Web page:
Plötner meant to use this as an example to show that Germany’s debates were insufficiently strategic. But, of course, suggesting to journalists that they are focusing on the wrong thing has rarely produced the desired result—the more so in Plötner’s case since this line of argument seemed to feed into the wider narrative of a hesitant Scholz government reluctant to let go of over two decades of Putin-friendly policies. The chancellor had to step in the next day, telling parliament that any collaboration with Putin’s Russia was “inconceivable.”
Meanwhile, rather than sketching out a picture of proactive policy, Wolfgang Schmidt, minister without portfolio and head of the chancellery, in a speech to the annual meeting of the European Council on Foreign Relations (ECFR) on June 19 stressed Germany’s caveats when it came to its Ukraine policy: not to act without allies; not to send military material that would weaken the Bundeswehr and its ability to defend Germany and its allies; not to pursue sanctions that “would hurt us more than Russia”; not to become party to the war.
However, Schmidt also made very clear that the overall aim was to make sure “that right would prevail over might”—in other words, that it was paramount that the rules-based international order was successfully defended against Putin’s attack. “Germany is in a learning phase,” Schmidt said when talking about Berlin taking up more of a leadership role, before quoting former US Chairman of the Joint Chief of Staff and Secretary of State Colin Powell who once said, “Being responsible sometimes means pissing people off.”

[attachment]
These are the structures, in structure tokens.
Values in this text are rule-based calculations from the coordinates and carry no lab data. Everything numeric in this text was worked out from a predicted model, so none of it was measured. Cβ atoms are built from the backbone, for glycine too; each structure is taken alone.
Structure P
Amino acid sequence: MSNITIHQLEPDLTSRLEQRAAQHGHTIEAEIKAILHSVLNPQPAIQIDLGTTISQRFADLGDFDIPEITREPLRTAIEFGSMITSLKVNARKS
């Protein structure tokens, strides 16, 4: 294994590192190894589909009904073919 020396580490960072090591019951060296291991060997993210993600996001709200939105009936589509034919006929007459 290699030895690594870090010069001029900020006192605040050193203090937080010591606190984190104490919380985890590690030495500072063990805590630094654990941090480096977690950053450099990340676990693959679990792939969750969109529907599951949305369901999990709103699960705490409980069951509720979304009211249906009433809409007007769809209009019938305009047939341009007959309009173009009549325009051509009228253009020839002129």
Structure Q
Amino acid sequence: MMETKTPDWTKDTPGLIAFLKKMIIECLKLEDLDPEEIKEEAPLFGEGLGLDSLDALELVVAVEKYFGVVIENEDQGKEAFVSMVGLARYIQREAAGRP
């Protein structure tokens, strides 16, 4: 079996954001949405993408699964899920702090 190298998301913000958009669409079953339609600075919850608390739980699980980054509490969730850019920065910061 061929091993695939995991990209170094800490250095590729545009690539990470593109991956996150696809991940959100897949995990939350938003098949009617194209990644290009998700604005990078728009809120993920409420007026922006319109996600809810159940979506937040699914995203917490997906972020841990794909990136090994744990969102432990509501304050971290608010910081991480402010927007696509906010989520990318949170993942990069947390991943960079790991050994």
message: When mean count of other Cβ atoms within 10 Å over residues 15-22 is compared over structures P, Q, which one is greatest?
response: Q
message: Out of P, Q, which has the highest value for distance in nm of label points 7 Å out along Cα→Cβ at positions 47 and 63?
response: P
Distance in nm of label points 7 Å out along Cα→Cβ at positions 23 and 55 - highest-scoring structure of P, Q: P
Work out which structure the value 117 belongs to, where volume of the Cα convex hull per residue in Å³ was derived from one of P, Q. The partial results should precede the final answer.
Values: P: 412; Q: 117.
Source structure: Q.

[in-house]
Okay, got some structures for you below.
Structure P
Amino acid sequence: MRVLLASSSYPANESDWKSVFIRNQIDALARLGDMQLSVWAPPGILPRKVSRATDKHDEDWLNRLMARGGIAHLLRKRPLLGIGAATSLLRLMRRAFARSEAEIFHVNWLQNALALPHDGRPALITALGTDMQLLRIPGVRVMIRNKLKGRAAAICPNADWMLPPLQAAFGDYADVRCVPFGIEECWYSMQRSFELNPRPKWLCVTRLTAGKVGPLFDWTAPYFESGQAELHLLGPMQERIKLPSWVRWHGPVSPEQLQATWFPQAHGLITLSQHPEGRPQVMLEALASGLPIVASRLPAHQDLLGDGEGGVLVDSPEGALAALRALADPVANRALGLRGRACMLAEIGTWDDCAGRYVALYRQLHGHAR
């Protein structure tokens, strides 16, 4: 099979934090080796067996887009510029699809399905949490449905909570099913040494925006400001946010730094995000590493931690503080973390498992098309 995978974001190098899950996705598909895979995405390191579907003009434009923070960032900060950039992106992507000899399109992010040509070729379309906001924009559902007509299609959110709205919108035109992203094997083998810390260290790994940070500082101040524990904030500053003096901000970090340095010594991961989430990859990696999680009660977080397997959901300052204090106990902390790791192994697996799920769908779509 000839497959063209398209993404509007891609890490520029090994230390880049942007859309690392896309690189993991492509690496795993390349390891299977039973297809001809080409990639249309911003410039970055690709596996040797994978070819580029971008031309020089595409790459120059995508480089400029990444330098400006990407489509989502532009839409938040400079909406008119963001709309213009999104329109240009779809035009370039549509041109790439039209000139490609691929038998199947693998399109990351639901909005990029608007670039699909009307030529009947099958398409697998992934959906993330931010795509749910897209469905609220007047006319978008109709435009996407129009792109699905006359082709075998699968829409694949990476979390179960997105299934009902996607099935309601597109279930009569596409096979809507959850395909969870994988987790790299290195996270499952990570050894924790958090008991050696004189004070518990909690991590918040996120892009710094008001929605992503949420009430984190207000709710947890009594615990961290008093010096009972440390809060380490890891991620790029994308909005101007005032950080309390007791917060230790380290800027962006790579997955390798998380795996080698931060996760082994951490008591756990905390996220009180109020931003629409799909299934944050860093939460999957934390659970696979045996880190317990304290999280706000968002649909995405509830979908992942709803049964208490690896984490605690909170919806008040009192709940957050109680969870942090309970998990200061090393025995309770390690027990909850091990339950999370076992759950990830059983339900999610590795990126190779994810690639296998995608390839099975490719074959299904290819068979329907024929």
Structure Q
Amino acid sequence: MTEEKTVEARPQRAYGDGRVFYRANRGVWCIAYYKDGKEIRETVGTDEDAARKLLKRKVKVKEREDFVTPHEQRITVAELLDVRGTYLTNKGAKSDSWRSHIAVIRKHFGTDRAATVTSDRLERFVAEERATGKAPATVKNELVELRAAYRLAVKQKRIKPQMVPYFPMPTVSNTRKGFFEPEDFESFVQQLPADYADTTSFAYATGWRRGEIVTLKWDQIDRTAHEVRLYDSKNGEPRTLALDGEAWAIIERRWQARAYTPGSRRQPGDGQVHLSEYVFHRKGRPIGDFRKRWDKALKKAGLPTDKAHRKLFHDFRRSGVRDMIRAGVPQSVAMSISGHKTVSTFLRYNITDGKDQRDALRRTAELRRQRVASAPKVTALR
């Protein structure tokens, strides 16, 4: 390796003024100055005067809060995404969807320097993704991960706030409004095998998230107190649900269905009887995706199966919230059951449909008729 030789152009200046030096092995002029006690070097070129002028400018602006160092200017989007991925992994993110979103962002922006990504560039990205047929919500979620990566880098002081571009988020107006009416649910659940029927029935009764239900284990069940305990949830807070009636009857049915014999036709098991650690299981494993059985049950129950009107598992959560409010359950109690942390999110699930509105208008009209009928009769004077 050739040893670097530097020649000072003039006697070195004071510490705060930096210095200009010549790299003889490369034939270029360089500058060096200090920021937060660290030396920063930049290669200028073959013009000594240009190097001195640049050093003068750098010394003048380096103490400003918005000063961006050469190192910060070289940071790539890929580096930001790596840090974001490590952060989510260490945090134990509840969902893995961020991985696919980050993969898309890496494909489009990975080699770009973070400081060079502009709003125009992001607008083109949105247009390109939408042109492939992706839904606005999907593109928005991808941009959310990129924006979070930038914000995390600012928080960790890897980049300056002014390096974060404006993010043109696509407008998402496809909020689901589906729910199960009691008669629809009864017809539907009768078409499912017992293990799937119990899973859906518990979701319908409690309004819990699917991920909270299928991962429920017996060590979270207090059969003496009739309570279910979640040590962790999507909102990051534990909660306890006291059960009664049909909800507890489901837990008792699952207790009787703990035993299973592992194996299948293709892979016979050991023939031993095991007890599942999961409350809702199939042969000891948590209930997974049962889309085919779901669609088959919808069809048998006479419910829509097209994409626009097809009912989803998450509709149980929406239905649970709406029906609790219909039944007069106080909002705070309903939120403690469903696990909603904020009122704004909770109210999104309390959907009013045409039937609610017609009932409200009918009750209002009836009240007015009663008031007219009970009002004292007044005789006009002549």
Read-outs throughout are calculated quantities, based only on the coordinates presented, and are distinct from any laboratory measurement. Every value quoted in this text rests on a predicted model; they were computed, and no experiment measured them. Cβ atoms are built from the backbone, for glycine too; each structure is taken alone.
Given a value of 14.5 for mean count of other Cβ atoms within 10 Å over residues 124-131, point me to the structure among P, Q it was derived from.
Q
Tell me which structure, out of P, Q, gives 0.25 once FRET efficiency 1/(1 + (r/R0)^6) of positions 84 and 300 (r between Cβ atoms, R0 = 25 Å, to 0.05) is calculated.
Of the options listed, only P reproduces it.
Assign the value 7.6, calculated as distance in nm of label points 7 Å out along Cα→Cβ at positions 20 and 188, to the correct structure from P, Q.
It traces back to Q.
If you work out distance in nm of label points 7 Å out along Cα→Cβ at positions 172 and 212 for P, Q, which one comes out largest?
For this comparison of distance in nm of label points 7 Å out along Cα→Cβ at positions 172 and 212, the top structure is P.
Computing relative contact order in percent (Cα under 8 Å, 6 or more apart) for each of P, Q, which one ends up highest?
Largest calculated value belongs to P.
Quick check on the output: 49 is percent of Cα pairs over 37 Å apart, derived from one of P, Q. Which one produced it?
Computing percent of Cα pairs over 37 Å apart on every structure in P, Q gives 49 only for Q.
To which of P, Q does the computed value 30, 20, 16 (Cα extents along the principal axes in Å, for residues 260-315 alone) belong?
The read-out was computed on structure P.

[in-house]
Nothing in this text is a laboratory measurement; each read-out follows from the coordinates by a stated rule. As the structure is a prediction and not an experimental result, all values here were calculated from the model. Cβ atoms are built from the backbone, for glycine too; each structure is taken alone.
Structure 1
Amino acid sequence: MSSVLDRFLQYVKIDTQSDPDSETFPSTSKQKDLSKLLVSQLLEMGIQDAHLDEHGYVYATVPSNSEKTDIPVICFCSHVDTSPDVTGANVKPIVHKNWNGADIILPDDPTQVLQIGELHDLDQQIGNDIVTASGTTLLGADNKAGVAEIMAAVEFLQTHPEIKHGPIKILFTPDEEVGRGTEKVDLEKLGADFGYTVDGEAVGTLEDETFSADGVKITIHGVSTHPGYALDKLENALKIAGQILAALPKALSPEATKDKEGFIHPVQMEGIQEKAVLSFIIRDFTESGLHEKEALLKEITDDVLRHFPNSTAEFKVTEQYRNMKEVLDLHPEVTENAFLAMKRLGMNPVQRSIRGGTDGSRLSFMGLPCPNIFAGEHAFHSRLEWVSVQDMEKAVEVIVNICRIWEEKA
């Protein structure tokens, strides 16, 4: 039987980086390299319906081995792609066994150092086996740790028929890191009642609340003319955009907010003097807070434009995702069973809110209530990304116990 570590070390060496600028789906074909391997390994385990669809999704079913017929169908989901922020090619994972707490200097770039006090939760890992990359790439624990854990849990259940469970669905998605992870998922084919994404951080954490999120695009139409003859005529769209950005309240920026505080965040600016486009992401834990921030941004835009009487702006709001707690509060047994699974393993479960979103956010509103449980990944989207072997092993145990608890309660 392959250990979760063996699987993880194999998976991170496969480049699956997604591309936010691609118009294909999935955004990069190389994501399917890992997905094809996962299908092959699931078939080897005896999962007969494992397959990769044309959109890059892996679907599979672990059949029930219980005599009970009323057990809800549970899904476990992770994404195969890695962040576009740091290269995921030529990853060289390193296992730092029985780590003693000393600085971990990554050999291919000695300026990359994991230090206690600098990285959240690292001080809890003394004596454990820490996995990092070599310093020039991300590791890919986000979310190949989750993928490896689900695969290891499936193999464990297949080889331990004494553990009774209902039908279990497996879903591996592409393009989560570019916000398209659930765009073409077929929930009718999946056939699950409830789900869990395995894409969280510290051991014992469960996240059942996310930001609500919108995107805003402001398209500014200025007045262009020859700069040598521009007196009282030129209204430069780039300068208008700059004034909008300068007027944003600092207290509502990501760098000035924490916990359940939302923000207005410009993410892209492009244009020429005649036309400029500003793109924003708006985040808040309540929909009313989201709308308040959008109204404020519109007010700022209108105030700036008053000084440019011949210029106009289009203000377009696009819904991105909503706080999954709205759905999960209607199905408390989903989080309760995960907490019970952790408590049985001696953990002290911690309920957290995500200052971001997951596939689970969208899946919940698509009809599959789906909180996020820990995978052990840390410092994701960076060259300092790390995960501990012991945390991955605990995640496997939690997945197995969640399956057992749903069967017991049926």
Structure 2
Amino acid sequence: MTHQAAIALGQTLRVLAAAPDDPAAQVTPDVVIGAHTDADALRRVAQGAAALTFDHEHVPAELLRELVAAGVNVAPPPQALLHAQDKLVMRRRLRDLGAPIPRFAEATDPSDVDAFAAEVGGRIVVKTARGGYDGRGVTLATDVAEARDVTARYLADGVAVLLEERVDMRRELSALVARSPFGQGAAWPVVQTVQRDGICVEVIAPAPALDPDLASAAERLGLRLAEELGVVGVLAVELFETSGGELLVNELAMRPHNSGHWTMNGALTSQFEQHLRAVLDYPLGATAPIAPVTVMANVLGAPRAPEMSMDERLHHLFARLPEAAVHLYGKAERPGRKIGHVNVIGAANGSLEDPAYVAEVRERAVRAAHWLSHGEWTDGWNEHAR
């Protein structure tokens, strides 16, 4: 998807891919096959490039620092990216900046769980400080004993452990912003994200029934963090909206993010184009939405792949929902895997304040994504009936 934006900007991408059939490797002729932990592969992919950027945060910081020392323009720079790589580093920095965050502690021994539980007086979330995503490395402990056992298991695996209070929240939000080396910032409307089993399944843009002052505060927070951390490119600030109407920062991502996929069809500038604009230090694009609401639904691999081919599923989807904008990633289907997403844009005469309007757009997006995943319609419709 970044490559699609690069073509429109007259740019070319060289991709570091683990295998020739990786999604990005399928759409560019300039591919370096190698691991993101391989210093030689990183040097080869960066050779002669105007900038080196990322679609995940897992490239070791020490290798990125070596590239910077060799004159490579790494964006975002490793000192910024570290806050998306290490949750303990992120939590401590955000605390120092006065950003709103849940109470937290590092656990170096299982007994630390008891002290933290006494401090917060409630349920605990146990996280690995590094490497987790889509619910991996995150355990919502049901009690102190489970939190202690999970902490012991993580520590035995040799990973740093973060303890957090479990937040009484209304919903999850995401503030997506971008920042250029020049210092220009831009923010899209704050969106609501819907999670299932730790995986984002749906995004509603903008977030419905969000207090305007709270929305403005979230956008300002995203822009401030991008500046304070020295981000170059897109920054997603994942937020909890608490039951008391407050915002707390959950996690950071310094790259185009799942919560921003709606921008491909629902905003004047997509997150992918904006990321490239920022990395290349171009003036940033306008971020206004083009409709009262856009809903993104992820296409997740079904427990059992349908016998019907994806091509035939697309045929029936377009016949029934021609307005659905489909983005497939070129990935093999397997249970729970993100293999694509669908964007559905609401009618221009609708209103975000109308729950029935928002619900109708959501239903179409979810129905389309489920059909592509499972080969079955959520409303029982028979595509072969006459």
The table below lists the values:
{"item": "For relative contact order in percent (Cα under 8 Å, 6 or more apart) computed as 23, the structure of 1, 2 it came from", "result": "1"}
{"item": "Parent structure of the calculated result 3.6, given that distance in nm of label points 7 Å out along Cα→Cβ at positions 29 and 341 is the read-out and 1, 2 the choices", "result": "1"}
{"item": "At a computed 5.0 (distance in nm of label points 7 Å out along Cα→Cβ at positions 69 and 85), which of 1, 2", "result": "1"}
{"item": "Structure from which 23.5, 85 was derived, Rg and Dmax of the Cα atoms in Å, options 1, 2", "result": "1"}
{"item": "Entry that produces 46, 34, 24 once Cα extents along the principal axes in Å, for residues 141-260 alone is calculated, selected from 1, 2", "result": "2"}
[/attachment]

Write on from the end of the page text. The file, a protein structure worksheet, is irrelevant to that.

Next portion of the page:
By that measure, the Scholz government’s foreign and European policy has been wildly successful so far.
A Changing Tone
But still, the tone—and the thinking—in Berlin sems to be changing slowly. There are some factors that might allow one to come to the cautious conclusion that Germany’s “learning phase” under Scholz and Co. is starting to bear some fruit. Heavy weapons of German provenance are starting to appear at Ukraine’s frontlines. And after initial hesitation, Germany has strongly supported granting Ukraine EU candidate status and is pushing for moving faster with incorporating the six countries of the Western Balkans (which find themselves in very different positions vis-à-vis a possible EU membership, but all left the European Council meeting last week empty-handed) into the EU.